3 Comments:

Blogger Keetha said...

My dad's family has connections there too - - - - Grandma Heavilin attended there, and her funeral was held there.

October 10, 2007 4:51 AM  
Blogger Bekah said...

I have been searching my brain (what an activity!) for that other funny story and I can't remember it. I bet my Dad does, though, so next time I talk to him (which will be sometime today because it's the big 7-5 for him today!) I'll ask him.

I CRACKED UP at the story about your mom dismissing church. I didn't know that story. THAT is hilarious!!!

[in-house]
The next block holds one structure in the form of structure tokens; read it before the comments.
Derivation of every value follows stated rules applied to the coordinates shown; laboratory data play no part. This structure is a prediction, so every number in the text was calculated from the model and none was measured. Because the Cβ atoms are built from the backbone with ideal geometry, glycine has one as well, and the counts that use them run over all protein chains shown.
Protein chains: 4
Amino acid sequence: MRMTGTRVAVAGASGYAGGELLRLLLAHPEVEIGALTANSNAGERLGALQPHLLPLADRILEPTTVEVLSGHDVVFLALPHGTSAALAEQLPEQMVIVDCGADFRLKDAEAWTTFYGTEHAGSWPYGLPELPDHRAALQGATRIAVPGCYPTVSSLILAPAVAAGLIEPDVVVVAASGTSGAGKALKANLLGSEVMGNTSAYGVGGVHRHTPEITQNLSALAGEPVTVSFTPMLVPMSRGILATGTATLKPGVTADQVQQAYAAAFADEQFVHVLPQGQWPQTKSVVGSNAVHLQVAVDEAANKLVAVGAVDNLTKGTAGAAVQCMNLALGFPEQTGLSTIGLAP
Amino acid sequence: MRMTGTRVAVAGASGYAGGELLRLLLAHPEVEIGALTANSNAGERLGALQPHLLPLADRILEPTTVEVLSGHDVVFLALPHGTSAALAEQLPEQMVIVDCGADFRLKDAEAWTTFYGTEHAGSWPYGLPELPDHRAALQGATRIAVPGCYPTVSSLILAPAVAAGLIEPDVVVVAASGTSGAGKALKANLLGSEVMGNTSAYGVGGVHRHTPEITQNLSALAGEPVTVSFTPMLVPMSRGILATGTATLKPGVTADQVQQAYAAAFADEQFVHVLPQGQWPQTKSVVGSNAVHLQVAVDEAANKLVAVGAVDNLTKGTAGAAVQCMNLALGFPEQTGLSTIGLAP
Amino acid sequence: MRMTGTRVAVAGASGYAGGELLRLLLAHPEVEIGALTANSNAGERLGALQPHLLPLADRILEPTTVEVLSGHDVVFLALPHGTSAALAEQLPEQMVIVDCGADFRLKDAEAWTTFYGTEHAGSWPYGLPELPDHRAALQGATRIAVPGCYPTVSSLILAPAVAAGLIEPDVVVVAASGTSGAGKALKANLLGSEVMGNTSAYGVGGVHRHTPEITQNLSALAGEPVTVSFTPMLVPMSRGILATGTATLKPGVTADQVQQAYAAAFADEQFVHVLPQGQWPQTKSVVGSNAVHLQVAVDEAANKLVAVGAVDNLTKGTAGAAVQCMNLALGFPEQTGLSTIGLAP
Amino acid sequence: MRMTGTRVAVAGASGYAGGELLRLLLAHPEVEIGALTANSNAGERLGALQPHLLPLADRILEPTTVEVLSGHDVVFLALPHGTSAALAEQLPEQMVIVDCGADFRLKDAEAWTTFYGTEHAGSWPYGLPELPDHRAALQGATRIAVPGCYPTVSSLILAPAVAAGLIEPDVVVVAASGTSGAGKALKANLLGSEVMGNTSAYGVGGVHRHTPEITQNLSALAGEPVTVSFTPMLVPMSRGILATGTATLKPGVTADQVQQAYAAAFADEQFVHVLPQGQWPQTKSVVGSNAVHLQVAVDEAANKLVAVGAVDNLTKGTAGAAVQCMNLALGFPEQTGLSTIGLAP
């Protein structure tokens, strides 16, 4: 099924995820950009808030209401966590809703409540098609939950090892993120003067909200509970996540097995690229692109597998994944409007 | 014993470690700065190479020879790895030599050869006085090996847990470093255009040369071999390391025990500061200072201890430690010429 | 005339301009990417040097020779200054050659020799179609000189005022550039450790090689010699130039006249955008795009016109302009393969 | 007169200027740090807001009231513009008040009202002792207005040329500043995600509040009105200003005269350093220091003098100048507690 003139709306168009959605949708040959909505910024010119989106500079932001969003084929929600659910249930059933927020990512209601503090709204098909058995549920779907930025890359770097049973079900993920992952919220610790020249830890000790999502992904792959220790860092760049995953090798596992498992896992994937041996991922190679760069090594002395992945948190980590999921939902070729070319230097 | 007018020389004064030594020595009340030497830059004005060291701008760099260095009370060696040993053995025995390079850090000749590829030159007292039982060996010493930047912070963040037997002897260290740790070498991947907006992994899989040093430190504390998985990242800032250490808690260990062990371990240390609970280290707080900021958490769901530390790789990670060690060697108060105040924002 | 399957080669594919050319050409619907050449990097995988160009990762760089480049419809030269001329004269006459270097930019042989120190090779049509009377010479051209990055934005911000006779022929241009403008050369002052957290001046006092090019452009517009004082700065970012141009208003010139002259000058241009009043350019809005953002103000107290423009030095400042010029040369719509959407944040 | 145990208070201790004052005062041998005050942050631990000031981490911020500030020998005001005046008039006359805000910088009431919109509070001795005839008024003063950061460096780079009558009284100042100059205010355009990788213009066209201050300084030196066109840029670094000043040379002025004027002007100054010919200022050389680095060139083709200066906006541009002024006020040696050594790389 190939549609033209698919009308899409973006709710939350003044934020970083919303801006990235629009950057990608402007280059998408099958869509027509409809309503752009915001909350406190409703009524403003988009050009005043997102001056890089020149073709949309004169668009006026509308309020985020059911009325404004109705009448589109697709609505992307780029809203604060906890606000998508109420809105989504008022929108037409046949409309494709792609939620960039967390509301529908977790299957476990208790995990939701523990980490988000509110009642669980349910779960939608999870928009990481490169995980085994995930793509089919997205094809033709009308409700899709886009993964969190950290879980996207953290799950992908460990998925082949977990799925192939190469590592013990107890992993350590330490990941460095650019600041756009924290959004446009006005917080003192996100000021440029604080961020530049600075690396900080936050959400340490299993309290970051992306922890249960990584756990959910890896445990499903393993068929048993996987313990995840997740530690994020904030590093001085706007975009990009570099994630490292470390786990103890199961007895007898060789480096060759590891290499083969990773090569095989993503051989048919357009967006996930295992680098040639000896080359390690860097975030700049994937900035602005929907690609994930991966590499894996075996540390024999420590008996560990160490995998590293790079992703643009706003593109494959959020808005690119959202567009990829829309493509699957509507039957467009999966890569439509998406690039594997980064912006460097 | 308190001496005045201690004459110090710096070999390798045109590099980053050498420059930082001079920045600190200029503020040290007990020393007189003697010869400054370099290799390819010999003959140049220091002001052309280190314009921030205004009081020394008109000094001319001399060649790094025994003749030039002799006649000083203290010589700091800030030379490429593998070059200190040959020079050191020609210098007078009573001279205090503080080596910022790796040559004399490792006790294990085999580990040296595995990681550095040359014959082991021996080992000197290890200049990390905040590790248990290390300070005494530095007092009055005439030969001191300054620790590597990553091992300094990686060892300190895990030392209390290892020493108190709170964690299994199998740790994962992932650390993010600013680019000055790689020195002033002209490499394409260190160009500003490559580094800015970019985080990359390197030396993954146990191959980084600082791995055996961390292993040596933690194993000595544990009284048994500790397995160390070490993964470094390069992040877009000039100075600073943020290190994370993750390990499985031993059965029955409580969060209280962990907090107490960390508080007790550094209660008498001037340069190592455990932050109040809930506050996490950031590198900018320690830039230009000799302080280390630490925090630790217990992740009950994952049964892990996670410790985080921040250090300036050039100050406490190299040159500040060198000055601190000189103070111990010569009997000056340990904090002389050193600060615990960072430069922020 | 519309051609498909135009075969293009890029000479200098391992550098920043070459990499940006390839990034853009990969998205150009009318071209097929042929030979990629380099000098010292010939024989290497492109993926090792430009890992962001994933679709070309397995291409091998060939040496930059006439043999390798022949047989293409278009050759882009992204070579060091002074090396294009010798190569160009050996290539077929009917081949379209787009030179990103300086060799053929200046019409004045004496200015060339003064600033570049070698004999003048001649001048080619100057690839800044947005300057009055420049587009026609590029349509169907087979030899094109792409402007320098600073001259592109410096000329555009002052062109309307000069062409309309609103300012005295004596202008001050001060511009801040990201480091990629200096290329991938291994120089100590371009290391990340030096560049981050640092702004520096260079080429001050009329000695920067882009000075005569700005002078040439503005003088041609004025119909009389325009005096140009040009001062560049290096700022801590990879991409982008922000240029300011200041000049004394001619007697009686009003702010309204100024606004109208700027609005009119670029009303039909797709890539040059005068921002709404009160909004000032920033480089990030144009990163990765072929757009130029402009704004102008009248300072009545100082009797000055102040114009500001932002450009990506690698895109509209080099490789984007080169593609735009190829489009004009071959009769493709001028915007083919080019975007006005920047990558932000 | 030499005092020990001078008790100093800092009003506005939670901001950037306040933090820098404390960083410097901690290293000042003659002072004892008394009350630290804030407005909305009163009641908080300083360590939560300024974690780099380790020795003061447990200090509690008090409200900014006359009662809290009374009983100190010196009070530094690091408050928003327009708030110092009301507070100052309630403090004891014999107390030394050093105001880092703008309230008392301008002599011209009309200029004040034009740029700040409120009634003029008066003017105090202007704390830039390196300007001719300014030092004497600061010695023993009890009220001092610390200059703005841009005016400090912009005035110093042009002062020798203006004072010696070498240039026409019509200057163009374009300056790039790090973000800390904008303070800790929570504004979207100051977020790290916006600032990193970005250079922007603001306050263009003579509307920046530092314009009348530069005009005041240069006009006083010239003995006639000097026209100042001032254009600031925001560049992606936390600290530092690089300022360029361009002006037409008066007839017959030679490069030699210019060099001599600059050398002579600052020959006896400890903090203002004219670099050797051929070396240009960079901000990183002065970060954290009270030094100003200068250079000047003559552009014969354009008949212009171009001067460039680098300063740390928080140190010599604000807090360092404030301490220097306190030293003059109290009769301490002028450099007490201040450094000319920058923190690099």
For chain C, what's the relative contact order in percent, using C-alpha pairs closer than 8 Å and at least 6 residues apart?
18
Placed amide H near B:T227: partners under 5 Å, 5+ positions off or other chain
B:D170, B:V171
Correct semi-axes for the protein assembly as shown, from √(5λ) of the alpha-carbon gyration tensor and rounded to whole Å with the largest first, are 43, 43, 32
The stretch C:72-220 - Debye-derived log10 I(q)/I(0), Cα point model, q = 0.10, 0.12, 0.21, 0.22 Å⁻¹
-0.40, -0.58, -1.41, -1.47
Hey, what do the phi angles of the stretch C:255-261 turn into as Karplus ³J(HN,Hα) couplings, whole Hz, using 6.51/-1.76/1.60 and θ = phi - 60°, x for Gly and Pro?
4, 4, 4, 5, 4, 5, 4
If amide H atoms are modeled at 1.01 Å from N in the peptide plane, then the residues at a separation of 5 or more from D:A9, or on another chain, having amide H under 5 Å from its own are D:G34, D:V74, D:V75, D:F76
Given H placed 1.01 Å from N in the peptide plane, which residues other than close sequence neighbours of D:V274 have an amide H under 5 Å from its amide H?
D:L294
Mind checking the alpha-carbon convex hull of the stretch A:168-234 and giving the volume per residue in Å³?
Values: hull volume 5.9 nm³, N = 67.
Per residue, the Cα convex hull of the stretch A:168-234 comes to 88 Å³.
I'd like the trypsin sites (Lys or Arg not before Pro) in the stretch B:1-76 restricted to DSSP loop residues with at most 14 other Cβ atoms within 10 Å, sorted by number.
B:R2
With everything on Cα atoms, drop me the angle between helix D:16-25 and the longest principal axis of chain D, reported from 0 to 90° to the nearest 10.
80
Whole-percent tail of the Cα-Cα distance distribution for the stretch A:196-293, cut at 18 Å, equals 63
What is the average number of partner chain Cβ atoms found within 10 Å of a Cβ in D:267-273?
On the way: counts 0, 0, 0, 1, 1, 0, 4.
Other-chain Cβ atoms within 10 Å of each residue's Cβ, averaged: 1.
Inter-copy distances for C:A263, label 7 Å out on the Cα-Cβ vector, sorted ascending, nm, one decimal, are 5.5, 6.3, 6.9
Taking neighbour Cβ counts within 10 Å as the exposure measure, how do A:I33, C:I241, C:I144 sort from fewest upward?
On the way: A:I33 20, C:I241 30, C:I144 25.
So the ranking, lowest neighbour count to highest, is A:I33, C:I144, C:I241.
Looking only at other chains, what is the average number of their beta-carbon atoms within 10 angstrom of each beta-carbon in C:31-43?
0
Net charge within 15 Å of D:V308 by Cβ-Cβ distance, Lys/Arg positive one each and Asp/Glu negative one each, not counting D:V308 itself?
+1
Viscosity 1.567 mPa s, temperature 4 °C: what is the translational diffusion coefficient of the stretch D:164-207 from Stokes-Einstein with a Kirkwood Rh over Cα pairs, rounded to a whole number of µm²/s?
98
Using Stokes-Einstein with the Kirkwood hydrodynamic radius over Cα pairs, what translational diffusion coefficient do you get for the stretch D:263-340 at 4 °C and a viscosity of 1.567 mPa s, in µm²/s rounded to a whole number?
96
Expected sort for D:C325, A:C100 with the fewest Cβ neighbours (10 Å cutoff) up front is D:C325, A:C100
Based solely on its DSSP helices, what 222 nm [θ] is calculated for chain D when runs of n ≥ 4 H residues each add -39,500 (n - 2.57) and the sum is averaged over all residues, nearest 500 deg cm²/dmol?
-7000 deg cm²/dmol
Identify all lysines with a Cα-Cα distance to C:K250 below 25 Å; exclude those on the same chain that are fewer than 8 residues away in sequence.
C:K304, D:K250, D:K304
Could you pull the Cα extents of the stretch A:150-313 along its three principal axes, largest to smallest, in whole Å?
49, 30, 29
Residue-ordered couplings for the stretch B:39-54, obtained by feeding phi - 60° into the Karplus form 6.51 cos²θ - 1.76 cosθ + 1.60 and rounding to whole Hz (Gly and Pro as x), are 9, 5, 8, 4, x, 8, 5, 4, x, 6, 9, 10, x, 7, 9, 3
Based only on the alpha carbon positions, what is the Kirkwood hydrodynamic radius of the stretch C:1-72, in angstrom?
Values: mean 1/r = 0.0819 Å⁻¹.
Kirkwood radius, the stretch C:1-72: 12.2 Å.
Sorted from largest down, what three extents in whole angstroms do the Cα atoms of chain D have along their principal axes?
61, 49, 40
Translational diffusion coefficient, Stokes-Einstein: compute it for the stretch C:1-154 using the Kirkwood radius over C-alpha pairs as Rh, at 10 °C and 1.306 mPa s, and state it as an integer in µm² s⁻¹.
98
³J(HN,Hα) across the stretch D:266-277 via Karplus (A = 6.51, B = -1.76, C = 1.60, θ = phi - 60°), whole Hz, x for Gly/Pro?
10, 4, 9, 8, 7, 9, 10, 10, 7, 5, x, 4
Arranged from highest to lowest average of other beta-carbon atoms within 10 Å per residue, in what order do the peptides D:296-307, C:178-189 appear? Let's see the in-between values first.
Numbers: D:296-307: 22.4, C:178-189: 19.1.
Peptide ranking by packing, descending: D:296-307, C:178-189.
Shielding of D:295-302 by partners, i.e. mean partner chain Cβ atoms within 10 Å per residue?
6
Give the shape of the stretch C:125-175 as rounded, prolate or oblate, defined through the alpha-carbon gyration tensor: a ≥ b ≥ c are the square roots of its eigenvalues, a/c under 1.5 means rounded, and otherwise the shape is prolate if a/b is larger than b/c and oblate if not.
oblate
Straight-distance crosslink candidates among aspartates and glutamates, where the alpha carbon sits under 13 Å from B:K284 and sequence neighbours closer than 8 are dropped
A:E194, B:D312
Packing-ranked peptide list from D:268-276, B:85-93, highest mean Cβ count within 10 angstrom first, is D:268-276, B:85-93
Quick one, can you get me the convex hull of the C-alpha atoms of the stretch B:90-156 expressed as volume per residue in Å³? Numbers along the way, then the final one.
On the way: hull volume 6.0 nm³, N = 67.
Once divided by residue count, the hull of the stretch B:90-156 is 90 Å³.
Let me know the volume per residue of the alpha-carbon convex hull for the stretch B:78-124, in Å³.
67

I also found it amusing that I, too, remembered #21 was Love Divine...and that's not even a "common" song! How'd we both know that? I love the words at the front of the church as well - I used to sit there and be disturbed by the comma - without a period. OCD, I know.

I wish I would have taken a tour for fun after it was over. And pictures. I chickened out on taking pictures. Maybe someday.

I'm with you though - so wanted to go back and see it revived to the "days of yore" when it was a thriving church.

October 11, 2007 8:33 AM  
Anonymous Jen A. said...

Wow! What a personal testimony you have about church. I seriously think you could be a writer for a column in a newspaper or magazine. You are a good writer- must get that from your mom. :)

October 17, 2007 10:53 AM